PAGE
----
1993 Fire Storm

Print
Press Enter to show all options, press Tab go to next option
On October 27, 1993, a fire started near Laguna Canyon Road about one mile north of El Toro Road. Pushed by Santa Ana winds, the fire reached the community of Emerald Bay and entered the perimeter of the District's Moorhead Reservoir. The fire continued north into Crystal Cove State Park and south into Laguna Beach where it reached Park Avenue. By the time it was contained (about 3:30 a.m. on Wednesday, October 28), the fire had destroyed 366 homes, damaged over 500 more homes and burned over 17,000 acres of brushland.Approximately 16 million gallons of water over normal usage was needed during the period of the firestorm. This included additional flow to South Coast Water District. The District's water supplier, Metropolitan Water District of Southern California (MWD), supplied all the water the District could take with no flow restrictions. Because of the dry and windy conditions, all reservoirs were filled. Storage within the District was at about 80 percent when the fire entered Laguna Beach. Normal operating levels would have been between 50 percent and 70 percent.

It was extremely difficult to determine exactly how much water was being used at any one time during the fire. However, it was roughly estimated that the peak demand placed on the water system to supply firefighters was approximately 20,000 gallons per minute (gpm). The District also had to contend with broken or melted pipes in burned homes as well as running sprinklers and hoses that were left abandoned when people had to evacuate the area.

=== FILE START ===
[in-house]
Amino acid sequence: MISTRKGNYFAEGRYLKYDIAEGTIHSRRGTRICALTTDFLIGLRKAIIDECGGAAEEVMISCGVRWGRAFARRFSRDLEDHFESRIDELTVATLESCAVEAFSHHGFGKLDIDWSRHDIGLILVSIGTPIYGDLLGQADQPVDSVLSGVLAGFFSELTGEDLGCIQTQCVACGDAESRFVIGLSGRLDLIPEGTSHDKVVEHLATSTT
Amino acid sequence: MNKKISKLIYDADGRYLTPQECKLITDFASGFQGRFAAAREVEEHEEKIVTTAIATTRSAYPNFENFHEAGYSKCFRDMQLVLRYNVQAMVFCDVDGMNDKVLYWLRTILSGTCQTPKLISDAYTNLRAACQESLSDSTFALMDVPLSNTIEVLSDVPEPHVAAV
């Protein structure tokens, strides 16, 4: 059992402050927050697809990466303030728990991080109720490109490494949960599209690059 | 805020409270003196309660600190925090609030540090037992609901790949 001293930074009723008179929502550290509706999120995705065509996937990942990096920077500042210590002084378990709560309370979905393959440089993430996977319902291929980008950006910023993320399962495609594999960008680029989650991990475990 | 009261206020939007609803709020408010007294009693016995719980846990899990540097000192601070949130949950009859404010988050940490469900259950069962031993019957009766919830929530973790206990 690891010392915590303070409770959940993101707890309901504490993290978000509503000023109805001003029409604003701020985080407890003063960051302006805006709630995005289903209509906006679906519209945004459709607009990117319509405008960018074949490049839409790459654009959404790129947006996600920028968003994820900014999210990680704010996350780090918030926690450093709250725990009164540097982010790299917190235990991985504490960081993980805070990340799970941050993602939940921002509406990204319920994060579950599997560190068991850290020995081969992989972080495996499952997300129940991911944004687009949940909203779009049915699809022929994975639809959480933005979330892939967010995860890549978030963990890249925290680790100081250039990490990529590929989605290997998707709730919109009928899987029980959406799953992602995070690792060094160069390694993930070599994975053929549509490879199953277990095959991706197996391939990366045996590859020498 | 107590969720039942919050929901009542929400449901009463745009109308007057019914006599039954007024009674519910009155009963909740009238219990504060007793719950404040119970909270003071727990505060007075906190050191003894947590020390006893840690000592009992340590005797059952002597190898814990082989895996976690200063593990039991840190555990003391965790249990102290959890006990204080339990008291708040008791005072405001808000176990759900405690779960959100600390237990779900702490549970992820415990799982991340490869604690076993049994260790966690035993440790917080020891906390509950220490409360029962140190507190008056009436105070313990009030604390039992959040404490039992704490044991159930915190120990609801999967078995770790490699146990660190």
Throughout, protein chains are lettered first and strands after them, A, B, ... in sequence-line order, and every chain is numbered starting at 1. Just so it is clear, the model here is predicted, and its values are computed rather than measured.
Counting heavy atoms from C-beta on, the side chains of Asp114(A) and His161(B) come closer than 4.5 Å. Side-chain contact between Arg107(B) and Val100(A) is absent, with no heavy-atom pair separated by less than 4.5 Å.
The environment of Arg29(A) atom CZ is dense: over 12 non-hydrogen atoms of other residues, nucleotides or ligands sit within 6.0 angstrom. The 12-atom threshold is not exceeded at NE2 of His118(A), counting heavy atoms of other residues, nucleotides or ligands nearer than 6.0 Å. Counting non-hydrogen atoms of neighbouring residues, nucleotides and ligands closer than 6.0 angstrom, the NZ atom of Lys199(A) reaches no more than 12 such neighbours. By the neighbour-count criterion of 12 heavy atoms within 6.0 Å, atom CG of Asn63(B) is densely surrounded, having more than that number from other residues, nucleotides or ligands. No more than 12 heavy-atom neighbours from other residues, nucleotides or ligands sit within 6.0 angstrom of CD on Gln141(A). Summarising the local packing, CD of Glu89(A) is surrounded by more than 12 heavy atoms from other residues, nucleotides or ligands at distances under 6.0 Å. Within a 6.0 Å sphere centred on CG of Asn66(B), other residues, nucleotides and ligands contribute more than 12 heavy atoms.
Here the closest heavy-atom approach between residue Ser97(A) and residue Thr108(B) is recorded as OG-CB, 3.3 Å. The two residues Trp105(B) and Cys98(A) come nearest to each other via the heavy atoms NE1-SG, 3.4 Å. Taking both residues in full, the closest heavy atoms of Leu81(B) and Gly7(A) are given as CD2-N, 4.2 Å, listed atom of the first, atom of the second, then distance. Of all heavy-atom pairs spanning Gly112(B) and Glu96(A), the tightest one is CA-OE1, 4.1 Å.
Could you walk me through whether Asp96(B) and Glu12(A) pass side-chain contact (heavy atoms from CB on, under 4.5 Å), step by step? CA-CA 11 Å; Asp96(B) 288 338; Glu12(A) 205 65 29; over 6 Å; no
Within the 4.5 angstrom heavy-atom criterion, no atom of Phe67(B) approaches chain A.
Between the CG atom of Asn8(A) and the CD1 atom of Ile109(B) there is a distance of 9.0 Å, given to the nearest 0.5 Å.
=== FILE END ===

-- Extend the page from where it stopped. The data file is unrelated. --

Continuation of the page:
The demand on the District's water system was great. In fact, everywhere the fire was being fought, reservoirs were being drained faster than they could be filled. Six of the District's twenty-two reservoirs were completely drained during the fire.

The capabilities of the water system were tested during the firestorm of 1993. As a result of the information gathered during the firestorm, upgrades to the system were implemented to minimize the impact of another such event. Since the 1993 firestorm the District has:
  • Updated its master plan to include a goal at fire hydrants of 3,000 gallons per minute at the interface between open space and urban area.
  • Built two reservoirs totaling 8 million gallons.
  • Purchased additional fixed and portable emergency generators for pump stations.
  • Purchased additional portable, large capacity, pumps.
  • Installed parallel pipelines in strategic areas for fire flow improvement.
  • Identified low pressure areas within the District, some of which (but not all) can be improved.

1993 Fire Storm

Updated on 04/22/2015 6:57 PM

Images from the 1993 Laguna Beach Fire Storm